If an LGBTQ+ coworker feels comfortable discussing their lived experiences with you, this can provide a valuable opportunity to get to know them better and learn about identities other than your own. But be sure to let your coworker initiate and lead the conversation. Practice active listening and follow their cues, allowing them to dictate how much they share and when. 

If you have follow-up questions for your coworker, here are some things to keep in mind before you ask: 

  • It’s okay to want to learn more about a person and their experiences, but it’s also okay for your coworker to decline to answer. Respect their boundaries.

  • Avoid any questions that are overly personal or invasive. As a rule of thumb, if it’s not something you would ask a non-LGBTQ+ coworker, it could be stigmatizing.

  • Where possible, try to find the answer yourself before going to your coworker. There are many books, podcasts, and online resources that you can check out to educate yourself about different LGBTQ+ identities and experiences. 

Action #4: Aim to be an upstander, not a bystander

One of the best ways to build an inclusive culture at your nonprofit is to practice inclusive behavior even when the people who would be personally affected by non-inclusive behavior are not in the room. If you hear someone making a biased or otherwise inappropriate comment about an LGBTQ+ coworker who isn’t present, don’t let it pass unchallenged. 

Weigh up the circumstances and intent when determining the appropriate response. For instance, if someone misgenders a colleague once, offering a friendly, real-time reminder about their correct pronouns may be the best way to encourage more inclusive language in the future. But if the same person continuously misgenders your coworker or reacts negatively when corrected, it may be time to escalate the issue to HR.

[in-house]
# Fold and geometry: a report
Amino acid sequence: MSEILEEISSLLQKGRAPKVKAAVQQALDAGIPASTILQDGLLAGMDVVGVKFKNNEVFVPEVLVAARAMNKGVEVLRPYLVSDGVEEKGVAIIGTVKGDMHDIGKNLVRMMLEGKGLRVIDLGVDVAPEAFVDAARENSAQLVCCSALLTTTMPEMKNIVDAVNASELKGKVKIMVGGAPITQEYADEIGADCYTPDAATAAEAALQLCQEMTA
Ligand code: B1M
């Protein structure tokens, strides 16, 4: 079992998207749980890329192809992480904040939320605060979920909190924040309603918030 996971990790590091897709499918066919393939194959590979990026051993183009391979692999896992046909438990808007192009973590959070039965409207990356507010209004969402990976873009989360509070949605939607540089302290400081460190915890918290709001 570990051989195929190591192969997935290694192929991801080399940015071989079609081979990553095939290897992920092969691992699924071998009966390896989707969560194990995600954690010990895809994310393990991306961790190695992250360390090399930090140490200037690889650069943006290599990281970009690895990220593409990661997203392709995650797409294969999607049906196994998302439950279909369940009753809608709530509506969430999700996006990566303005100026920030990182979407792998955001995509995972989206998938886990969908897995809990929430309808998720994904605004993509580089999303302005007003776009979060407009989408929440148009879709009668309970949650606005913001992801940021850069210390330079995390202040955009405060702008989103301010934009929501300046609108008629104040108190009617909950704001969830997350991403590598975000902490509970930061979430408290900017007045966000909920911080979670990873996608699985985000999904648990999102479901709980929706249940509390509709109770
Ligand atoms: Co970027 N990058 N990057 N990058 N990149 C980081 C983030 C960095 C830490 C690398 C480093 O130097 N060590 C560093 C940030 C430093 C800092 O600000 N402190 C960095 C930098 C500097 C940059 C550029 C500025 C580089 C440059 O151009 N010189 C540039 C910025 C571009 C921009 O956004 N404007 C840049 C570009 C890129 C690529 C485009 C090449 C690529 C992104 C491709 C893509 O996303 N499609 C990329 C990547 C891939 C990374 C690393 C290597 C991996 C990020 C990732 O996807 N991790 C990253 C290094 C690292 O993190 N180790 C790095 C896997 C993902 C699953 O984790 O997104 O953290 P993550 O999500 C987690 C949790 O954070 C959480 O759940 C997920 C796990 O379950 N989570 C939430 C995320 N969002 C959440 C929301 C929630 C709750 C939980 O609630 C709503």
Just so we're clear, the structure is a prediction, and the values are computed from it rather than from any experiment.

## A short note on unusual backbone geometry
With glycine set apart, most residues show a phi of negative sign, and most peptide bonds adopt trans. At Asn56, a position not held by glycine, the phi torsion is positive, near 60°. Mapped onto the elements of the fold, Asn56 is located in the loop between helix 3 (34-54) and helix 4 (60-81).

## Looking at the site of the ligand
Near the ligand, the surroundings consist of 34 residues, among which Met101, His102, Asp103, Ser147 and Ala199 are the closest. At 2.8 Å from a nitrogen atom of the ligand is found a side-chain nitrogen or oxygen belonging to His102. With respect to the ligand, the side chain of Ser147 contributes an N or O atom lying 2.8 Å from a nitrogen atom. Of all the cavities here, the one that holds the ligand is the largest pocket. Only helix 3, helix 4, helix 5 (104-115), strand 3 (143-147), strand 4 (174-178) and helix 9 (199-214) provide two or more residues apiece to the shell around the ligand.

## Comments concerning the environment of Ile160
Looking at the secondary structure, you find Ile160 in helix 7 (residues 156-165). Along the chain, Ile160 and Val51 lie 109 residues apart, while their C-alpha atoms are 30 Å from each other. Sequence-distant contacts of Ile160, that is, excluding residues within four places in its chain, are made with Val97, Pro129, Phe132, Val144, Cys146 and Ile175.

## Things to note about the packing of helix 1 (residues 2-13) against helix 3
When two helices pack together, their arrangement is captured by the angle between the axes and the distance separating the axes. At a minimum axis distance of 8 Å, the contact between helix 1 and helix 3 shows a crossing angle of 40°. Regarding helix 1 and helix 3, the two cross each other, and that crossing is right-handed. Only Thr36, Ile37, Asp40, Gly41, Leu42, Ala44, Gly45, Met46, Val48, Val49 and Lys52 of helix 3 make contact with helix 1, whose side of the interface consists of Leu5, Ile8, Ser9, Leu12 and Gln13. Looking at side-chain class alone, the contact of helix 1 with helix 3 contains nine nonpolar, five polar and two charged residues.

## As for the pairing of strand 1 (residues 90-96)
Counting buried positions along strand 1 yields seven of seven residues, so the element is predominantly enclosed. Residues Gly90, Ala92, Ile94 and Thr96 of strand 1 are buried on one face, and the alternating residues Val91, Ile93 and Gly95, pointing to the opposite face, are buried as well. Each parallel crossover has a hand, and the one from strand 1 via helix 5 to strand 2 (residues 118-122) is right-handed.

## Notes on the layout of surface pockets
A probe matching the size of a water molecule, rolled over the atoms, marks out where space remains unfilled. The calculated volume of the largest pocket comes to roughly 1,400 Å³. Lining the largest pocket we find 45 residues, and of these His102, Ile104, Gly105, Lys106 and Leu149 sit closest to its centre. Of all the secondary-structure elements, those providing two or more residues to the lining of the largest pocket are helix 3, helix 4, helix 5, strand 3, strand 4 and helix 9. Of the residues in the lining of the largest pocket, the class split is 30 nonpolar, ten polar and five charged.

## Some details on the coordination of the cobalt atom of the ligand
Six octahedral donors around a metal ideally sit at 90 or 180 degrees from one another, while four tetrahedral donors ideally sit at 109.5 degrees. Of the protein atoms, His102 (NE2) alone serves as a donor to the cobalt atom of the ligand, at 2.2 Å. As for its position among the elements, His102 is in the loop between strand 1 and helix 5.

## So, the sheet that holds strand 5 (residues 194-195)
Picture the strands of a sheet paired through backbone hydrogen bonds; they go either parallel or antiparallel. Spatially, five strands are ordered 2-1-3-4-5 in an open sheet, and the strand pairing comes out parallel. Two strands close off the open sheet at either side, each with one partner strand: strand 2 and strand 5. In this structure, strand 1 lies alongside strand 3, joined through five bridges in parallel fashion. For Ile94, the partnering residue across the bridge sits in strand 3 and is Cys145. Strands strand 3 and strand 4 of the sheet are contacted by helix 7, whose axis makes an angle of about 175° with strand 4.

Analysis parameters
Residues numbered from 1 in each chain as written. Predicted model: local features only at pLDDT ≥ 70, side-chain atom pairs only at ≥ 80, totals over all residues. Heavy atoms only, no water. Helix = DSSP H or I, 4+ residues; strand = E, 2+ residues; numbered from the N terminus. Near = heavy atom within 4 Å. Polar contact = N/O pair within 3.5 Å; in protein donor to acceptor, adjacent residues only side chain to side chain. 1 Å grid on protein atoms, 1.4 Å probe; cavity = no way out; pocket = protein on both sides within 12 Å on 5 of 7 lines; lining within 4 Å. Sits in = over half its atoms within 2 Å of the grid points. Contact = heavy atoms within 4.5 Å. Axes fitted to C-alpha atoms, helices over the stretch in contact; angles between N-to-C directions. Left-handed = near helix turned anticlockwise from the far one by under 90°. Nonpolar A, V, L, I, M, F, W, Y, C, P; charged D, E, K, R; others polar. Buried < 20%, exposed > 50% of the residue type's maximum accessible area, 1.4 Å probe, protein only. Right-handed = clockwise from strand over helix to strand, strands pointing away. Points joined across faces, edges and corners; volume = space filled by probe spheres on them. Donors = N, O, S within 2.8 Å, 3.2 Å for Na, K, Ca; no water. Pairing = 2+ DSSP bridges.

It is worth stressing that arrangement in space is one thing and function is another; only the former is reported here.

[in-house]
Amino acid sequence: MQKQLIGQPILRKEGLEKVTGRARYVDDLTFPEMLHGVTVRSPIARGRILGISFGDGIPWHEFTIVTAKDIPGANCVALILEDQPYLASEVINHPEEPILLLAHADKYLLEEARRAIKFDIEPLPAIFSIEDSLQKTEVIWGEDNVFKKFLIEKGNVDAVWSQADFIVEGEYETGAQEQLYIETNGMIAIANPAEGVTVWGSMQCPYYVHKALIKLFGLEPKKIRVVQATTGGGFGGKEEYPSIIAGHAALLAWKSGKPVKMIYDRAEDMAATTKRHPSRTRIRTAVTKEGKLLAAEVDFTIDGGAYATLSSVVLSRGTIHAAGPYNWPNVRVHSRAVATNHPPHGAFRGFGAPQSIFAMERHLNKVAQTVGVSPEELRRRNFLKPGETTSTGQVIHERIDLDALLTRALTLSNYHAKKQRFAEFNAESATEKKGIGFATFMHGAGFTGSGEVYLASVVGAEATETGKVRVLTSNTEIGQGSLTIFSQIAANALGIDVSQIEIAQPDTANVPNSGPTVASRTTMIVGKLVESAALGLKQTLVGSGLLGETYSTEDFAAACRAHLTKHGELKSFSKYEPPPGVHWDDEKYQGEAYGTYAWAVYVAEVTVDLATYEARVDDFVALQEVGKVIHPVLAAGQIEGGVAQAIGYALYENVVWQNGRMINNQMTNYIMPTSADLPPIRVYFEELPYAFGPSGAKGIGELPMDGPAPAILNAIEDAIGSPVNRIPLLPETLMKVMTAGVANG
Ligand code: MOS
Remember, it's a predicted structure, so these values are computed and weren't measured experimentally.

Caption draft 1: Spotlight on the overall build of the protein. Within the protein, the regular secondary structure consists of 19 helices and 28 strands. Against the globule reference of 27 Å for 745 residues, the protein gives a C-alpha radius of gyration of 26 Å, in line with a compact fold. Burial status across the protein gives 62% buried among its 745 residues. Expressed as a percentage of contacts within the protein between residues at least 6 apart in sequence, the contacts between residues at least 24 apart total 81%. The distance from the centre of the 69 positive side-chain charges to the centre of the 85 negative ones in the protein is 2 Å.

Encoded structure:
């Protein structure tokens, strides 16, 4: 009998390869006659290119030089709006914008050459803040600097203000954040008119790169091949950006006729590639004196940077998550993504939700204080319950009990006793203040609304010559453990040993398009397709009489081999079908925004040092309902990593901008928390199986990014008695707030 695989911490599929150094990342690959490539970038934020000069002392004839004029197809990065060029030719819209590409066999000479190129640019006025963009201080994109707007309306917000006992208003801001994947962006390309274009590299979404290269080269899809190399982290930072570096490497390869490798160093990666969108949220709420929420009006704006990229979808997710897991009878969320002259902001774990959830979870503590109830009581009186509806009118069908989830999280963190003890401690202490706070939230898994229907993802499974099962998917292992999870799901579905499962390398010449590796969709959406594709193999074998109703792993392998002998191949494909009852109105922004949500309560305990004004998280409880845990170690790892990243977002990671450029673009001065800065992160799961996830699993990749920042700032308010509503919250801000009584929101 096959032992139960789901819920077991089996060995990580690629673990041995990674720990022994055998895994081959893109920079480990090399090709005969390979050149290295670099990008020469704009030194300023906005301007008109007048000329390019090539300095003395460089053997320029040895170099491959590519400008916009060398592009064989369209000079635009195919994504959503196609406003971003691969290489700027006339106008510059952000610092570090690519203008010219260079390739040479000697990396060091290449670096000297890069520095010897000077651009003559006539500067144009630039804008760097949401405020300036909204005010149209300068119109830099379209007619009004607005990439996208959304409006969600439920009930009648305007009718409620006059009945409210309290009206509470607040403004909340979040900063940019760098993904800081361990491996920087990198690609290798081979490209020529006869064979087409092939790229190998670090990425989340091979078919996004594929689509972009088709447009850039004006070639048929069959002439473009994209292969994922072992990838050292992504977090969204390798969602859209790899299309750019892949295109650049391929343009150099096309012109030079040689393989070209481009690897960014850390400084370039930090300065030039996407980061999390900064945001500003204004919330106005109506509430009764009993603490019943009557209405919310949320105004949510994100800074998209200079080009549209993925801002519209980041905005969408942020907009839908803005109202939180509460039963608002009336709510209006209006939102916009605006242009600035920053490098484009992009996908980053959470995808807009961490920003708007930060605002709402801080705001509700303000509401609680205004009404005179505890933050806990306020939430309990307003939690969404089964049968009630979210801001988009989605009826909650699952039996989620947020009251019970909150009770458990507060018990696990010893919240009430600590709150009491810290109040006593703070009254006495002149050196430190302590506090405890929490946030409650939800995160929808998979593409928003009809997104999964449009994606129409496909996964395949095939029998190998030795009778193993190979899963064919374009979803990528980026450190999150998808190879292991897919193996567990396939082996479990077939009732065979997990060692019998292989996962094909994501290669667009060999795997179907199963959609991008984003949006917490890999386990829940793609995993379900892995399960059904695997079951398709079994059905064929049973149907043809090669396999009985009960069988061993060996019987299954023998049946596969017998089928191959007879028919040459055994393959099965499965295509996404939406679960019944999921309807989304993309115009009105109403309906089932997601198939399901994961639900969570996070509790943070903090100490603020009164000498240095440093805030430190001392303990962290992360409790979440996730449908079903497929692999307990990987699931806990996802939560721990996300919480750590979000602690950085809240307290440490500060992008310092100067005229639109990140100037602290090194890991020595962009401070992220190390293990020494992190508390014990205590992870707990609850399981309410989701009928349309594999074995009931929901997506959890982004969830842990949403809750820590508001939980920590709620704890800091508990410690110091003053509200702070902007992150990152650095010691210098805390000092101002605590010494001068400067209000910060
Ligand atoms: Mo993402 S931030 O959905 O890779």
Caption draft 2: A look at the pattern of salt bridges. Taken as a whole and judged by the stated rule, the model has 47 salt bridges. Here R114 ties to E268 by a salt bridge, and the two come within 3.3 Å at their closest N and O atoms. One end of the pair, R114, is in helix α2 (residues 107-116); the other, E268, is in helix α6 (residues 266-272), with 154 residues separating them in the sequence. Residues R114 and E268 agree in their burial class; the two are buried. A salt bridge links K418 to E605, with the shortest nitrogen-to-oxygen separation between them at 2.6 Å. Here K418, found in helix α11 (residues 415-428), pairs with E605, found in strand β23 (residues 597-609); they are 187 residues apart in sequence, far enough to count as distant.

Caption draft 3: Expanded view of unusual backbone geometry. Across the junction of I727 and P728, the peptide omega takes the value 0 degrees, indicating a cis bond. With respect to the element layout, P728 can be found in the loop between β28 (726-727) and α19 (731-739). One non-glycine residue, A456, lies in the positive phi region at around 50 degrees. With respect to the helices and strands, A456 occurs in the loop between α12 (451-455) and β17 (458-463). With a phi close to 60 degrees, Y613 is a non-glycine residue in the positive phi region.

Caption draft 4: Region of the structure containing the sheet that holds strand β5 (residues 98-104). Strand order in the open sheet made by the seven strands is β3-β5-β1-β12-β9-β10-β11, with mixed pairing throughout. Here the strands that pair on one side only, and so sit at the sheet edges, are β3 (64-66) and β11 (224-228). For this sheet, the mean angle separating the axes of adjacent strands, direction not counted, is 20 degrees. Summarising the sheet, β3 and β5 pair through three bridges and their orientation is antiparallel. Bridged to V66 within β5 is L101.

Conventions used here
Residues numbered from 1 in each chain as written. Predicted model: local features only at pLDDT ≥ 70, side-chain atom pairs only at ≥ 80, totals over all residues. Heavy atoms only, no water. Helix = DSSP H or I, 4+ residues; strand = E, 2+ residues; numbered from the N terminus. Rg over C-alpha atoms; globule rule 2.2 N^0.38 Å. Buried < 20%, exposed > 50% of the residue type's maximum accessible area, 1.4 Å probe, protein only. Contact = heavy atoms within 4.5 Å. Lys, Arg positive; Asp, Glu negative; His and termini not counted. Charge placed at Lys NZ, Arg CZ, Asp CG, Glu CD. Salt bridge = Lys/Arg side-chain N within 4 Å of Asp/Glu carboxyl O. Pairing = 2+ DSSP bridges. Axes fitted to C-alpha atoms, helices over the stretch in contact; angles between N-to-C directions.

Being an upstander can help take the pressure off LGBTQ+ employees to always be the ones reporting inappropriate behavior, which many fear will negatively impact their day-to-day work life or long-term career opportunities. The Deloitte Global 2023 LGBT+ Inclusion @ Work report noted that, among respondents who didn’t report non-inclusive behavior to their employer, 30% were concerned that reporting the issue would adversely impact their career — and 39% feared that doing so would only make the situation worse. This may explain why many are considering leaving their jobs in search of more inclusive employers. 

Action #5: Apologize and learn from mistakes

Nobody is perfect, and part of being a good ally is recognizing that you don’t know everything and may occasionally slip up. If you realize you’ve made a mistake or a coworker flags one to you, remember to ACT:

  • A: Acknowledge the mistake and apologize
  • C: Correct yourself
  • T: Try again

This simple framework can help you to respond effectively and empathetically in the moment, without calling extra attention to the mistake in a way that might embarrass your LGBTQ+ coworker.

An inclusive nonprofit culture can be a major talent advantage

Creating an inclusive nonprofit culture is a reward in itself, but it can also support your organization’s talent goals, helping you attract, hire, and retain the talent you need to make a difference for the communities you serve. When all staff feel welcome and respected in the workplace, they can bring their very best self to work — and make an even bigger impact at your nonprofit.

Learn more about how you can build a diverse and inclusive nonprofit workplace with LinkedIn. Download our guide today.